Conversing is like driving: We all want to think we're better at it than most people, but many of us fall prey to common mistakes and have room for improvement.
The good news is that it's absolutely possible to improve. Being a good conversationalist isn't a magical gift that some are born with, but something that relies mainly on skills you can acquire and develop.
Here are 10 of the most dreadful conversational mistakes and effective ways to improve upon them.
Mistake No. 1: Speaking but not really listening
Most of us have heard before that one of the most important facets of good conversation is being a good listener, but it's more than just listening to the other person talk. You need to know how to listen and respond in a way that demonstrates you're contributing to the conversation. One way to improve is with the technique of active listening. Ask questions based on what you hear. Really listen and be interested in what the others are saying. Make relating statements. Make comments that show you're paying attention, repeat back key sections, and ask questions that move the discussion forward. Pretend there's going to be a quiz.
Mistake No. 2: Asking too many distracting questions
A series of questions, even if they originate in genuine interest and enthusiasm, can sometimes come across as an interrogation. Improve your conversation by pausing, listening, and allowing the other person to speak and express him- or herself. Ask questions that are based on what's being said, relevant, and unobtrusive.
Mistake No. 3: Rambling on and on with no end in sight
Often an indication of nervousness, rambling can lead to a hard time getting your point across. When you ramble, people are likely to simply tune out. Instead, be concise to have the most impact in what you are trying to convey. Practice beforehand about what you might want to speak about. Being prepared will give you the confidence you need to be better at expressing yourself.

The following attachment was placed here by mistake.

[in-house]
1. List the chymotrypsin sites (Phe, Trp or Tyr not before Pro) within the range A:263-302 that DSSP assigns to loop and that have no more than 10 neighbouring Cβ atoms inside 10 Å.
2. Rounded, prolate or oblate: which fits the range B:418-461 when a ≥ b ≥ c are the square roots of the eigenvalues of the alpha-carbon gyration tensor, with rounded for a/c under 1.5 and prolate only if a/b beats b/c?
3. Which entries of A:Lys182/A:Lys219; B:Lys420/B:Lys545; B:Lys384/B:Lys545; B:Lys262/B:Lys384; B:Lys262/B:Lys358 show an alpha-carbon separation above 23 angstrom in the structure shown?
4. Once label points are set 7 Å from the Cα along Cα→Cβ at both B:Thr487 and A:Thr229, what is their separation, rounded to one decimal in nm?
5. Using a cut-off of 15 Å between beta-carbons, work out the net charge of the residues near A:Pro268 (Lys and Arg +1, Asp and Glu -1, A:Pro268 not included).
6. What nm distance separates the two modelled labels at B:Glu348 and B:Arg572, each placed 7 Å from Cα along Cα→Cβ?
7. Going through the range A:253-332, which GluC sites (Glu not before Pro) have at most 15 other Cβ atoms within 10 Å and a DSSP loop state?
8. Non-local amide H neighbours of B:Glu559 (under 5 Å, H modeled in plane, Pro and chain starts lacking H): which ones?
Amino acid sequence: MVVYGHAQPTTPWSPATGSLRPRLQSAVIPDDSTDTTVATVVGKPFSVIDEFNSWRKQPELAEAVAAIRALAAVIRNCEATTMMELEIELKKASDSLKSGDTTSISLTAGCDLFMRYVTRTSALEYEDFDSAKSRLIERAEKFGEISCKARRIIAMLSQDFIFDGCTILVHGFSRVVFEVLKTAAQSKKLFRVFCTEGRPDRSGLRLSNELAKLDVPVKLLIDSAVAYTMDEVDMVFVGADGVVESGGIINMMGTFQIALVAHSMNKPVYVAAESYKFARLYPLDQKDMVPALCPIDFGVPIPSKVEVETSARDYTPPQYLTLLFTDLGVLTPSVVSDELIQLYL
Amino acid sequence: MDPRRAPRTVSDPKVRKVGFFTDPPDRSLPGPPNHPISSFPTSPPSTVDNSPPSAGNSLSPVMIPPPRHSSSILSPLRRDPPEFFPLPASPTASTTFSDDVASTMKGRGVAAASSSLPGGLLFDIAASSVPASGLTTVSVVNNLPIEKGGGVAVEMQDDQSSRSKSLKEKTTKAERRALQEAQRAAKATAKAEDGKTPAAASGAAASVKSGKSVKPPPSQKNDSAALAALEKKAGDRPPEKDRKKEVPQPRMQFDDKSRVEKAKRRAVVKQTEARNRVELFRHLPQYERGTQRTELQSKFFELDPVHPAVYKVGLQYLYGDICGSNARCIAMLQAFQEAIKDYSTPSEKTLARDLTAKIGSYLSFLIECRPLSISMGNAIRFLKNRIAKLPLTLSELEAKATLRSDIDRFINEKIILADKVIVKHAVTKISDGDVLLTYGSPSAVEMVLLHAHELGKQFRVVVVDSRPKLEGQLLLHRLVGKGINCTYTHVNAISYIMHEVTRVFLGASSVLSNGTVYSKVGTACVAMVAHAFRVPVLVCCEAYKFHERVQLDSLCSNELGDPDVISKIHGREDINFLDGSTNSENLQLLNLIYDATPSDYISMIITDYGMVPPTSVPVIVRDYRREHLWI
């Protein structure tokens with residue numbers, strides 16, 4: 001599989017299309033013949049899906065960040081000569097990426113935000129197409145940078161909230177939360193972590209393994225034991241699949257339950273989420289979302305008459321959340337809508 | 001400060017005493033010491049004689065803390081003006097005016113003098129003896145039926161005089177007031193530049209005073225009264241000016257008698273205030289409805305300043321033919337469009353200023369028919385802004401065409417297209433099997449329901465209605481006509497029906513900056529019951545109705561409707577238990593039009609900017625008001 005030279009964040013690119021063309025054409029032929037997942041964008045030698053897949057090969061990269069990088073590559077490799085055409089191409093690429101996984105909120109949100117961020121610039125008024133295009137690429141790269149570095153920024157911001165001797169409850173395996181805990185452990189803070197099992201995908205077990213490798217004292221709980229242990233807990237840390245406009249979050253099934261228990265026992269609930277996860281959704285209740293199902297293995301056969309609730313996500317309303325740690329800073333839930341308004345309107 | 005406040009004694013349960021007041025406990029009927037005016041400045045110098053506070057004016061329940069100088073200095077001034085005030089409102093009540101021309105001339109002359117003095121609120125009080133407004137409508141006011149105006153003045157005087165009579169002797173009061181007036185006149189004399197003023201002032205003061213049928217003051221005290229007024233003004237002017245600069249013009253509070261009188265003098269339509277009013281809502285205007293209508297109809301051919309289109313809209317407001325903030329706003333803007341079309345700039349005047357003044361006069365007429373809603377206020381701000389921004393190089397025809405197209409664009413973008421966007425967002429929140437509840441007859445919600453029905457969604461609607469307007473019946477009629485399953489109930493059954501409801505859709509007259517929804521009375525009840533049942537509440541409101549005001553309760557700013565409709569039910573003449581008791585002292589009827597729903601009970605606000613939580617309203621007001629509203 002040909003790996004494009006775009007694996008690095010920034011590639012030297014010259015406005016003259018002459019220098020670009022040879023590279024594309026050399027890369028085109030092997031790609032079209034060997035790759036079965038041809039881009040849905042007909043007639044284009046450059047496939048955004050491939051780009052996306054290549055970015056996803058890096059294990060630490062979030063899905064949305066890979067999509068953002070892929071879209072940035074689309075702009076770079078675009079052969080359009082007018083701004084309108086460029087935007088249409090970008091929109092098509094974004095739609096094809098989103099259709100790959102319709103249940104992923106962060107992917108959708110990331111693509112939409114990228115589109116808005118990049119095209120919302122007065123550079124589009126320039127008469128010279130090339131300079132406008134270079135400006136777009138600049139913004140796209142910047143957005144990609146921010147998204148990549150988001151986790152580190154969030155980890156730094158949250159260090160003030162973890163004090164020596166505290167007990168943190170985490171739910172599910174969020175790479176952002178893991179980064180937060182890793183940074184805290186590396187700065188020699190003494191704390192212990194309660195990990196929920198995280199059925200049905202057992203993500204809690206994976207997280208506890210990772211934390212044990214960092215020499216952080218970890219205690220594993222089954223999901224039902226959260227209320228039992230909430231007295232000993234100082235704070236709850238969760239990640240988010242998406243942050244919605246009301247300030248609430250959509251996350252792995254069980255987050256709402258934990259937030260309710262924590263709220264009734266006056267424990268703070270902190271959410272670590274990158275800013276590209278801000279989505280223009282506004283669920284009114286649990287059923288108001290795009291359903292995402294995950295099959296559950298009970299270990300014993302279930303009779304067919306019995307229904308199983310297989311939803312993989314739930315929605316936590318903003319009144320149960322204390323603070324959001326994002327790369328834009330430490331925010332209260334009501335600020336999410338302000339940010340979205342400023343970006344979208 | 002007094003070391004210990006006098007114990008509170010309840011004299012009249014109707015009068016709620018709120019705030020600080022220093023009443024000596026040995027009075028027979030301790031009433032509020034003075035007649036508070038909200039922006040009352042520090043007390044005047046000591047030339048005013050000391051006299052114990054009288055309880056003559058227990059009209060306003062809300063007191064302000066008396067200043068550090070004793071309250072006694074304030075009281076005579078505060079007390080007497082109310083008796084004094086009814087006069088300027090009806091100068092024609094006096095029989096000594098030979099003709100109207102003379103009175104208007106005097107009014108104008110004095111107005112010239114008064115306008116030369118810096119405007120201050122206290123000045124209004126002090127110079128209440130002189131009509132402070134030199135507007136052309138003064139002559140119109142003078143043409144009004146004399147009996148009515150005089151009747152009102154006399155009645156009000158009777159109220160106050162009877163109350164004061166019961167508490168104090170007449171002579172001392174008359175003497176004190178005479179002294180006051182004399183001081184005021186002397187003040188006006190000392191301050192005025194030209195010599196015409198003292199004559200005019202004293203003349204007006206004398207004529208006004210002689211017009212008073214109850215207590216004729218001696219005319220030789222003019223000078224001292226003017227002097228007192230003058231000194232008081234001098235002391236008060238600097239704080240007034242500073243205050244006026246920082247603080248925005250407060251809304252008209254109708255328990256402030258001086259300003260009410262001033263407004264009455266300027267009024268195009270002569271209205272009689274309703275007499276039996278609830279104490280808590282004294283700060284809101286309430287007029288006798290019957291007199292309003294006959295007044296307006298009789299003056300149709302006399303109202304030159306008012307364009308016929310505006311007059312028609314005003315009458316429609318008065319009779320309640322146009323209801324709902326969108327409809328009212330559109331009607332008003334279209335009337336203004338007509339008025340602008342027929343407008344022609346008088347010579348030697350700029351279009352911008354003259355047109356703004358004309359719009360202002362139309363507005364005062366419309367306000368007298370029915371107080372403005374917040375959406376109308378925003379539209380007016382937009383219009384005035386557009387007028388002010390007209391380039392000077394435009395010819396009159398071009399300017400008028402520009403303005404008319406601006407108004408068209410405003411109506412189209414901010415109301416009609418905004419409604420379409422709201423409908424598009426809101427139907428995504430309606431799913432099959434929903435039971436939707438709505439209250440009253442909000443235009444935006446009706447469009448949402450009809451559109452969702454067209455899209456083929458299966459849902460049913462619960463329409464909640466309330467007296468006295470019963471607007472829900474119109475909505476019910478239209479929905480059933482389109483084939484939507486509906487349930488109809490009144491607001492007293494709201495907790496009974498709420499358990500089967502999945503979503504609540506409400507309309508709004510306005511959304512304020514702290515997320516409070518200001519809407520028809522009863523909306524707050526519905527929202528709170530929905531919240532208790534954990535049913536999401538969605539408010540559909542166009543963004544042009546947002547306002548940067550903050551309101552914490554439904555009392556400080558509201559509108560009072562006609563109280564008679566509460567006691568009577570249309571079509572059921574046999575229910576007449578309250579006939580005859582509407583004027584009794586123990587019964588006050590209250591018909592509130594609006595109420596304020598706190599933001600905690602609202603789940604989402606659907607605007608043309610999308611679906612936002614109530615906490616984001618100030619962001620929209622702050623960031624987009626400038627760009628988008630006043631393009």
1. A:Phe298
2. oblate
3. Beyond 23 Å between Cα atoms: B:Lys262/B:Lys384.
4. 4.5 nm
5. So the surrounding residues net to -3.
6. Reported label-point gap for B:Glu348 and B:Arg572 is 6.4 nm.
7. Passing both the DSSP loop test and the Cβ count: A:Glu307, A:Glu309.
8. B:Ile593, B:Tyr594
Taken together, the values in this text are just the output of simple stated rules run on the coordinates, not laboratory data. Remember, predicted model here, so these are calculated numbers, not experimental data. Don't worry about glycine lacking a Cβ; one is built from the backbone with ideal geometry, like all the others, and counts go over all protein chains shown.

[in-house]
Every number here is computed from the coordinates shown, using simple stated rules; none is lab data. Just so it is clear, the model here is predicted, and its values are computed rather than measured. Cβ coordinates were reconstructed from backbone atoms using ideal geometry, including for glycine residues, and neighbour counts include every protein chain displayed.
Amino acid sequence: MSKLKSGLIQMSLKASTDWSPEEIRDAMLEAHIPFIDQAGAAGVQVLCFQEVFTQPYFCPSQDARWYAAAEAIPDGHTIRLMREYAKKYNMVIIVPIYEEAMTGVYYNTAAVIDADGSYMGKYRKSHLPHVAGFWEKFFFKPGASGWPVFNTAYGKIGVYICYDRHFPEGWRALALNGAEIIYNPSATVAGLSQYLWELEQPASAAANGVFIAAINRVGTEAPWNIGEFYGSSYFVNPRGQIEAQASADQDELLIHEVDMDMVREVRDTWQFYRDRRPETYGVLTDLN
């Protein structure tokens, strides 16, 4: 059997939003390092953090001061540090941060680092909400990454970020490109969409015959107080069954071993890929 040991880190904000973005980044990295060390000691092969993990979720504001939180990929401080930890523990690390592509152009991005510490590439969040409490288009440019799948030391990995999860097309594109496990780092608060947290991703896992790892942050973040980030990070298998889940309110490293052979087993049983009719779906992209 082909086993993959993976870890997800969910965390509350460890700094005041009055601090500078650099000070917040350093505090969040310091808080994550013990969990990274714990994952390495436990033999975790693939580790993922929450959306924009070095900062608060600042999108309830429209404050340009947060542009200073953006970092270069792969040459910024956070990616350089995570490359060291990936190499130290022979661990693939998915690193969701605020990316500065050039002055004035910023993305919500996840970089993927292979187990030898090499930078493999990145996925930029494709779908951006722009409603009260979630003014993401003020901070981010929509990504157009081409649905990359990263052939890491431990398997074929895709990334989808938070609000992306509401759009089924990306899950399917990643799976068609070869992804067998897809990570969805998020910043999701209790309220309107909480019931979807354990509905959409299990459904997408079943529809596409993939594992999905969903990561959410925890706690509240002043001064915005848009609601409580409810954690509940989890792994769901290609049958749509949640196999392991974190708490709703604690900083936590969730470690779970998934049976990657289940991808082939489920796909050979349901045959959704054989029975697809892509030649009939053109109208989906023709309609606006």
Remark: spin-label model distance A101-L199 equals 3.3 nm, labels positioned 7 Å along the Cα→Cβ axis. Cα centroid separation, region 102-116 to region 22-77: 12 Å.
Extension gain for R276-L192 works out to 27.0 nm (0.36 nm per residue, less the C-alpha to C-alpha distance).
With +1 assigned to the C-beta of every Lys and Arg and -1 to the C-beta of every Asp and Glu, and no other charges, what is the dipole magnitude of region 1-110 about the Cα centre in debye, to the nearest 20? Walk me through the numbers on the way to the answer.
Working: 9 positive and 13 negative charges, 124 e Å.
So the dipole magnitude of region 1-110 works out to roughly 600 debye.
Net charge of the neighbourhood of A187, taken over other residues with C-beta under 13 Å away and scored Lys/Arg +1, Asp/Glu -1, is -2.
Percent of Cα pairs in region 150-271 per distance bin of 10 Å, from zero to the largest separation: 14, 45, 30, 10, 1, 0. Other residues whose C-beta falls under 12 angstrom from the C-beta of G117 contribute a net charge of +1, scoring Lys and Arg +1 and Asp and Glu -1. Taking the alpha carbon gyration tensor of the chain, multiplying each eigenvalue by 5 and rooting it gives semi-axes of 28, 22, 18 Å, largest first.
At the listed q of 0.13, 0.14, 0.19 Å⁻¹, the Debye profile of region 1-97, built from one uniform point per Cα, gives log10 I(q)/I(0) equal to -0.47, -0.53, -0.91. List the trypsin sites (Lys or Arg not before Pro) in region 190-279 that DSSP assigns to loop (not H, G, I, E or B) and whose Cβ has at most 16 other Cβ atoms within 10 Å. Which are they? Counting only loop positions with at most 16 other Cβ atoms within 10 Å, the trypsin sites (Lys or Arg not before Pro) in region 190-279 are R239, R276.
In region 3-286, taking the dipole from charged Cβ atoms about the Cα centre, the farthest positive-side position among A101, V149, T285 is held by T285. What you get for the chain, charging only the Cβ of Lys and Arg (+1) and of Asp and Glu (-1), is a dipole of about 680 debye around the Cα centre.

Mistake No. 4: Not tasting your words before you spit them out
Some people just like to hear themselves speak; they often leave listeners feeling that they are filling up space without adding value to the conversation. Go into conversations well informed and thinking of ways that add value and interest to a conversation. Think before you speak, and be sure to taste your words before you spit them out.
Mistake No. 5: Inducing an argument
Don't dominate a conversation by only expressing your opinion and wanting to be right--that's more of a monologue than a dialogue. Accept the fact that everyone is entitled to his or her opinion. You don't need to force others into agreeing with you--they'll likely choose to walk away from you instead. Stay humble and truly listen to the other points of view.
Mistake No. 6: Acting confident but lacking confidence
A lack of confidence can often come across in conversation as disingeniousness. Make sure you go in with sufficient confidence to feel self-assured about what you are expressing.
Mistake No. 7: Dominating the conversation
Everyone hates it when one person dominates a conversation, but it's incredibly hard to realize when you're doing it in the moment. Even if you don't consider yourself much of a conversationalist, you may end up dominating a conversation. If you want to win influence and gain friends, take an interest in others and what they have to say. Check yourself mid-conversation so you don't end up talking the whole time.
Mistake No. 8: Endlessly interrupting
One of the worst things you can do in conversation is fail to let someone else finish what he or she has to say before voicing your opinions. When you let your conversational partners finish speaking, especially in cases of disagreement, it tells them that you're courteous enough to listen to other points of view.
Mistake No. 9: Sounding like a perennial expert
If you are the expert in every topic, then most people will feel they have nothing to contribute. Instead, work to know a little about many things--or at least to be open to talk about them, instead of trying to steer the conversation back to your favorite subject.
Mistake No. 10: Speaking too fast
When you get excited or nervous, or if you have a lot to say, the words may naturally come in a constant stream. But to the listener, it sounds too fast and incoherent. Speak slowly and make time to think about your choice of words; use pauses to add impact to your sentences.
If you have some or all of these dreadful conversation habits, do something about them, especially if you seek to have an impact, make a difference, and succeed in your endeavors.